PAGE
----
154. . What is LEAD?, LEAD Nat’l Support Bureau, https://www.lead (last visited Feb. 14, 2019).
  155. . Vera Inst. Justice, A New Normal: Addressing Opioid Use through the Criminal Justice System 3 (2017),
  156. . LEAD: Advancing Criminal Justice Reform in 2019, LEAD Nat’l Support Bureau, (last visited Mar. 8, 2019).
  157. . Id.
  158. . Susan E. Collins et al., Seattle’s Law Enforcement Assisted Diversion (LEAD): Program Effects on Recidivism Outcomes, 64 Evaluation & Program Plan. 49, 49 (2017).
  159. . Id. at 52.
  160. . Angel Initiative, Ky. St. Police, (last visited Feb. 14. 2019).
  161. . Id.
  162. . Id.
  163. . Lauren Brinkley-Rubinstein et al., Criminal Justice Continuum for Opioid Users at Risk of Overdose, 86 Addictive Behavs. 104, 106 (2018).
  164. . Id.
  165. . See Ky. Rev. Stat. Ann. § 533.250 (West, Westlaw through emergency effective legislation through Chapter 181 of the 2019 Reg. Sess.) for specific qualifying criteria.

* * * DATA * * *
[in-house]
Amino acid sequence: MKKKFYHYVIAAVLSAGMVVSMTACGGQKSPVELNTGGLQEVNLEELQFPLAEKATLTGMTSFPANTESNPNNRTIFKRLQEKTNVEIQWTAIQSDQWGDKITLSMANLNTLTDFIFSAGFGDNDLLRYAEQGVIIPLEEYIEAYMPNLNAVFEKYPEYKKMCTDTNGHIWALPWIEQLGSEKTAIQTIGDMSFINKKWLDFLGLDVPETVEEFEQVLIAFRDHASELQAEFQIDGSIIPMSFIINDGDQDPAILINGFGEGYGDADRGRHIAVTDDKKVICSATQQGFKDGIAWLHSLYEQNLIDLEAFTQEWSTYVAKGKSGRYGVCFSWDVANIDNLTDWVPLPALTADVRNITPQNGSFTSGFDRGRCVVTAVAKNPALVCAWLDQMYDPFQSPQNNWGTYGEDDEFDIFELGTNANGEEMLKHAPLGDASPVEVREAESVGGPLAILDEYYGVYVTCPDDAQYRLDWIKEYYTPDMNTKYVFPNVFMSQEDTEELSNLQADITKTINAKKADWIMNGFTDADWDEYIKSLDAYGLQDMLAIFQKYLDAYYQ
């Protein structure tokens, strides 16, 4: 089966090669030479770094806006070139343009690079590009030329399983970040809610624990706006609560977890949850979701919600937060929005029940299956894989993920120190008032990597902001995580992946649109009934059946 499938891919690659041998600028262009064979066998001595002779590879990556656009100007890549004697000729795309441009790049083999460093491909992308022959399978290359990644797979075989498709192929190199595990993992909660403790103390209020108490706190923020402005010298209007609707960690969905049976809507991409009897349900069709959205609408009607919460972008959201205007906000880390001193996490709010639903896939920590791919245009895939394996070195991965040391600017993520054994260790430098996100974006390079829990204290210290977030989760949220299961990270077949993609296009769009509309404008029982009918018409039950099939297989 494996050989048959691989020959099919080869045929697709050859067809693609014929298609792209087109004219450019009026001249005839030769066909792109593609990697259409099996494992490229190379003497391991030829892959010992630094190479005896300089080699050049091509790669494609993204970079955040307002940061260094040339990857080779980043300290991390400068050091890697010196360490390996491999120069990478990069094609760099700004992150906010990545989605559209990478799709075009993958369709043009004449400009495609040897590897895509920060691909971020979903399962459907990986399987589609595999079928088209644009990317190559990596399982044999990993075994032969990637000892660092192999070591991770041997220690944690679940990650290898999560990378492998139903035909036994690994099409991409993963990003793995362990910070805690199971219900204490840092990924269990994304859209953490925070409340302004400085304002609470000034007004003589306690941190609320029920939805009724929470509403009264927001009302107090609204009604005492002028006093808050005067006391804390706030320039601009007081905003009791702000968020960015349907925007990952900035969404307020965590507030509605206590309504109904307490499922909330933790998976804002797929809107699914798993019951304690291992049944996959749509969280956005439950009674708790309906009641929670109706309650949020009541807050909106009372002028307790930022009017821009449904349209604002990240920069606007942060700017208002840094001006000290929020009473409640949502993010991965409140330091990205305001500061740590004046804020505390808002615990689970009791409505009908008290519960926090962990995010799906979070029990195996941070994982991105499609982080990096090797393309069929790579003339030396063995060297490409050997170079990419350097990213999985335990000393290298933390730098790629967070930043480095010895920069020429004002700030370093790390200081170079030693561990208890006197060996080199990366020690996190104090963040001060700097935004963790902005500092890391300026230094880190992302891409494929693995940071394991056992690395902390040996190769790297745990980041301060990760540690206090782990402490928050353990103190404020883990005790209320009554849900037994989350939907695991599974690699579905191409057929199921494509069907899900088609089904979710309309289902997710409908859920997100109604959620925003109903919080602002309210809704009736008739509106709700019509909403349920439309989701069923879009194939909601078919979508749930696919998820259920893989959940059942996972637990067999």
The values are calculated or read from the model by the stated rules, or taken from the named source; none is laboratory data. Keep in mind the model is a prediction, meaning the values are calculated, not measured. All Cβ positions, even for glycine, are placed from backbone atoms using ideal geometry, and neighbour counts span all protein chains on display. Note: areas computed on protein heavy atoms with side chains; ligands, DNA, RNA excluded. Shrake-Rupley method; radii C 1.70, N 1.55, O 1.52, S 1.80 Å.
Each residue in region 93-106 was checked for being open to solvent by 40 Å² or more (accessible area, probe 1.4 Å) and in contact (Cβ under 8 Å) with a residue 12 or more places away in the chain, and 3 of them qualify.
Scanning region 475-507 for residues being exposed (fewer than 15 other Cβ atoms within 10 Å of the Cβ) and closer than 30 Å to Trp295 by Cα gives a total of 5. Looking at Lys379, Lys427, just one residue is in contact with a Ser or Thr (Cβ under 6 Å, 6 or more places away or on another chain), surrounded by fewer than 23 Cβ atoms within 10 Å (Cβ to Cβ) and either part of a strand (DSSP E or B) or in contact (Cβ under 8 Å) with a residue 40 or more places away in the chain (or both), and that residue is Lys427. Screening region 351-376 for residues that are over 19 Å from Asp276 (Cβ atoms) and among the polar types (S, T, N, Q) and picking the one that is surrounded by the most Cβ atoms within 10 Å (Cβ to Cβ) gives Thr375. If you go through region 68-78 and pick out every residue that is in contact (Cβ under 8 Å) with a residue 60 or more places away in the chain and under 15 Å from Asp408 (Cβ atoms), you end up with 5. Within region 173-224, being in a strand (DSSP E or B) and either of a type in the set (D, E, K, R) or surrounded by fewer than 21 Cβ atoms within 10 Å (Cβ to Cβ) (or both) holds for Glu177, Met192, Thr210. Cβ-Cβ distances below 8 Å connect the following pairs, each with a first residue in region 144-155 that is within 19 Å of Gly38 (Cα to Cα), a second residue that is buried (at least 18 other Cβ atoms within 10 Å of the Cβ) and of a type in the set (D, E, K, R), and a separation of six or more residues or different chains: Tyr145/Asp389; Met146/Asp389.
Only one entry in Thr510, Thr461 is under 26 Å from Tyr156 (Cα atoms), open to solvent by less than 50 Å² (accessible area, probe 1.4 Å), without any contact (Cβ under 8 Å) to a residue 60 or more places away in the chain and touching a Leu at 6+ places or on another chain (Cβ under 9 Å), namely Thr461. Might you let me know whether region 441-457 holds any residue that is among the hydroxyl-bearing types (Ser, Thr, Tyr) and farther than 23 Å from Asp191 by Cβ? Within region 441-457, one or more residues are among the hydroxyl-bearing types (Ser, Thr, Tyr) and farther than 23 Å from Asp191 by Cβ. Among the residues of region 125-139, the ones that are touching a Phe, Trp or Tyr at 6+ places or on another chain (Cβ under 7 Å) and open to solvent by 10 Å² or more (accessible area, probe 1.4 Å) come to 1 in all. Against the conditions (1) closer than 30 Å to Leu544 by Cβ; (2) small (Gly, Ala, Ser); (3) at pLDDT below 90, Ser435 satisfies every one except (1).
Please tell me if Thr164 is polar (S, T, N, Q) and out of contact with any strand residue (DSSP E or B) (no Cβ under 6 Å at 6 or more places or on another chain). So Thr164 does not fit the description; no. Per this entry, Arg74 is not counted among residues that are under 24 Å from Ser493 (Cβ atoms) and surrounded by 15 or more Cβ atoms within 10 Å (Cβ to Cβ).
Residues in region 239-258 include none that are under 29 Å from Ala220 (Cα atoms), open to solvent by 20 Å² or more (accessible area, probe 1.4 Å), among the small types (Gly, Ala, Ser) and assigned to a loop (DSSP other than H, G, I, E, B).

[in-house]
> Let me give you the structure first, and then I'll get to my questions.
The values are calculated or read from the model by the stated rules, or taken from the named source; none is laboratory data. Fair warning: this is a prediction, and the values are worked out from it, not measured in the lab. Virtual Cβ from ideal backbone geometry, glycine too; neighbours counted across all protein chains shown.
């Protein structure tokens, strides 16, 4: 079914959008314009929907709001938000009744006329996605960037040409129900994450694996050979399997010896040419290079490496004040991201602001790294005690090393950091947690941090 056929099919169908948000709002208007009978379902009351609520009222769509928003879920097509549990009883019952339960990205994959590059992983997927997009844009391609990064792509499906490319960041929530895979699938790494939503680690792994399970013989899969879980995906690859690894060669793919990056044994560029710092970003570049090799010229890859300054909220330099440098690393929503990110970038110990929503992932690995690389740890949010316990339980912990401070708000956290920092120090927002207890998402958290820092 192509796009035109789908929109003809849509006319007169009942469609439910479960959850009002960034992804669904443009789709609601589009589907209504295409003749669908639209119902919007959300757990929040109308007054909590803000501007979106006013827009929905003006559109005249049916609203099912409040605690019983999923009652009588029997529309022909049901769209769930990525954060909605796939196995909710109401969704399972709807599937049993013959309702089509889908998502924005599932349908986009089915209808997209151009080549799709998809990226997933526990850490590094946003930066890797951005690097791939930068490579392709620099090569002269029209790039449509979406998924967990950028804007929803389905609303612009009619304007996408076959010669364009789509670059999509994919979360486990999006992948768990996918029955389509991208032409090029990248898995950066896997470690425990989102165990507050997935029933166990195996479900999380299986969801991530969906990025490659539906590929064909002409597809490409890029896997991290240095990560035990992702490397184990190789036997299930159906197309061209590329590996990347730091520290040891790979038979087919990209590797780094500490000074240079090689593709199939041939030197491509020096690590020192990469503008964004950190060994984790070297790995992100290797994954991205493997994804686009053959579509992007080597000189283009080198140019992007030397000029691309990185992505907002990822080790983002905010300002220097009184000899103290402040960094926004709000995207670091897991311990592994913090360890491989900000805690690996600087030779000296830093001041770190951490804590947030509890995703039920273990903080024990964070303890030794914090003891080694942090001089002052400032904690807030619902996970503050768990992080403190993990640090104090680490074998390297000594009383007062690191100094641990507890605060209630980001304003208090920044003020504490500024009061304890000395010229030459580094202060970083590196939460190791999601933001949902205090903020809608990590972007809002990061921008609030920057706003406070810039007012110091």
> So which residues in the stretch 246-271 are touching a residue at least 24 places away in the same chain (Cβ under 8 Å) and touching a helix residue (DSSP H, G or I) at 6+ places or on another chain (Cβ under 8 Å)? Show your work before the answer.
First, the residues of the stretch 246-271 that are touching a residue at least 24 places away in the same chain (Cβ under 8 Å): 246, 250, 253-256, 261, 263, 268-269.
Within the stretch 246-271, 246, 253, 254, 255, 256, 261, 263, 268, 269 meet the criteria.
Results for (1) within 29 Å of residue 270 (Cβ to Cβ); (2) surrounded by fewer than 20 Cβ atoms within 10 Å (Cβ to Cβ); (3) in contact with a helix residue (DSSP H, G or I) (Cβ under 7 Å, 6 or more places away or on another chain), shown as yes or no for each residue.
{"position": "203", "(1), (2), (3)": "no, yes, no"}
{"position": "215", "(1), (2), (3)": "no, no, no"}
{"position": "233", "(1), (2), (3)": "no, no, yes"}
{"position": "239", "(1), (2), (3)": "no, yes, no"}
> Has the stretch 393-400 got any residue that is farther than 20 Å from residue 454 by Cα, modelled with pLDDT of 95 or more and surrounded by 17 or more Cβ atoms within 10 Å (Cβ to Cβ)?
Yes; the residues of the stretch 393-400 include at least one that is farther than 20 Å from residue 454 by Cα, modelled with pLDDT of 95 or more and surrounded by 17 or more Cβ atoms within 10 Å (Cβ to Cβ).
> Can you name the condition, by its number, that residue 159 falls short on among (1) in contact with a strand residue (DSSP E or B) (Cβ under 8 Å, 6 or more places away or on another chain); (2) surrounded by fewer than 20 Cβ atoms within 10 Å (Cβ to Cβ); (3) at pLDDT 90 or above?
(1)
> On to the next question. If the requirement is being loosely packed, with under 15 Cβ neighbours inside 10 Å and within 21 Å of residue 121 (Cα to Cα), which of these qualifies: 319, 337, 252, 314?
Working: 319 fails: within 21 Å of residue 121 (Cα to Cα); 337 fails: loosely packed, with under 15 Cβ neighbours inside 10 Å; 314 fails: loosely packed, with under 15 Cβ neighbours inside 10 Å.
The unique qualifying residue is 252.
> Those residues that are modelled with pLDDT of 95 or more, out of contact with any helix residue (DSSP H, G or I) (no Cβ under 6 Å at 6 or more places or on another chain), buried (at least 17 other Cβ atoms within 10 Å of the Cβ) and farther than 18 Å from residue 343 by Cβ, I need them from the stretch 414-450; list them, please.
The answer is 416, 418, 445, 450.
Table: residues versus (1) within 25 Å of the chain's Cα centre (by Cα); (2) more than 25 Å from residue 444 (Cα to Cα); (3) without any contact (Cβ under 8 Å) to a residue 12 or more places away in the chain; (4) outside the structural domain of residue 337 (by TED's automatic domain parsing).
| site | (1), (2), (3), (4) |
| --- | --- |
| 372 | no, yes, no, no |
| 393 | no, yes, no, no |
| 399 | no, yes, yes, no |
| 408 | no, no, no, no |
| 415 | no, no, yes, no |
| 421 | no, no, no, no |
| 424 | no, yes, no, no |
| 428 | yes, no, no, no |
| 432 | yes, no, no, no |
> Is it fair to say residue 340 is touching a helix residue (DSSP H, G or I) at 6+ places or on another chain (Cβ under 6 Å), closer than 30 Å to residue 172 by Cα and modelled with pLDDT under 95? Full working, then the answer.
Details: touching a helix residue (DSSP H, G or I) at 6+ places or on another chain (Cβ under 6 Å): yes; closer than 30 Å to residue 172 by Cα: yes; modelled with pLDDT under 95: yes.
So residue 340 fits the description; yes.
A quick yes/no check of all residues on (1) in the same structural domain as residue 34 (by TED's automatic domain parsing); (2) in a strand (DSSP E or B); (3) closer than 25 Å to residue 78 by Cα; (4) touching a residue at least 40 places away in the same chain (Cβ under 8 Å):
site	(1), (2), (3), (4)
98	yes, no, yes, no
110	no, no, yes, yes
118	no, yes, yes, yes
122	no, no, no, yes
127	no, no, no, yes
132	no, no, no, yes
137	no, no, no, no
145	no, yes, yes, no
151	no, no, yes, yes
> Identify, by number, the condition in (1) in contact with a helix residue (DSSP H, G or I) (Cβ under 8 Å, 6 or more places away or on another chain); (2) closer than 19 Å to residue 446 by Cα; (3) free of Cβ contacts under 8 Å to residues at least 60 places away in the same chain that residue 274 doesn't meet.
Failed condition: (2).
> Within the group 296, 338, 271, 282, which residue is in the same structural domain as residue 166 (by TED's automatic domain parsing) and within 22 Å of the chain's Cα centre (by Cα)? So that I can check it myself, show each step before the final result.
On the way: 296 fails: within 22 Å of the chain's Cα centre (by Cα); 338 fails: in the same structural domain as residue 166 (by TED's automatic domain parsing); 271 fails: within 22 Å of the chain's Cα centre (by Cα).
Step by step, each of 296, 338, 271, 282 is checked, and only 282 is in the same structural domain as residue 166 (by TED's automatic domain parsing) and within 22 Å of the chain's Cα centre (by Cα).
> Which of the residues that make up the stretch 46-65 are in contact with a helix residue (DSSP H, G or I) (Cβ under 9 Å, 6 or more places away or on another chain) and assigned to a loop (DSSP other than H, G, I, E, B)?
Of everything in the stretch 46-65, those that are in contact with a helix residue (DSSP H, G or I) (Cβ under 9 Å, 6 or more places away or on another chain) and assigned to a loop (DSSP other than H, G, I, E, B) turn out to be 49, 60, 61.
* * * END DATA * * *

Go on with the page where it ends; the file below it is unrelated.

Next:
166. . Id. § 196.285(3) (West, Westlaw through emergency effective legislation through Chapter 181 of the 2019 Reg. Sess.).
  167. . Id. § 533.251 (West, Westlaw through emergency effective legislation through Chapter 181 of the 2019 Reg. Sess.).
  168. . Id. § 533.258(1) (West, Westlaw through emergency effective legislation through Chapter 181 of the 2019 Reg. Sess.).
  169. . Cherkis, supra note 87 and accompanying test.
  170. . Brinkley-Rubinstein, supra note 162, at 105.
  171. . Angel Initiative, supra note 159.
  172. . Id.
  173. . Ingrid A. Binswanger et al., Release from Prison—A High Risk of Death for Former Inmates, 356 New Eng. J. Med. 157, 161 (2007).
  174. . Vulnerable Counties and Jurisdictions Experiencing or At-Risk of Outbreaks, Ctrs. for Disease Control & Prevention, (last visited Feb. 14, 2019).
  175. . Kentucky Syringe Exchange Programs, Ky. Cabinet for Health & Family Servs., (last visited Feb. 14, 2019).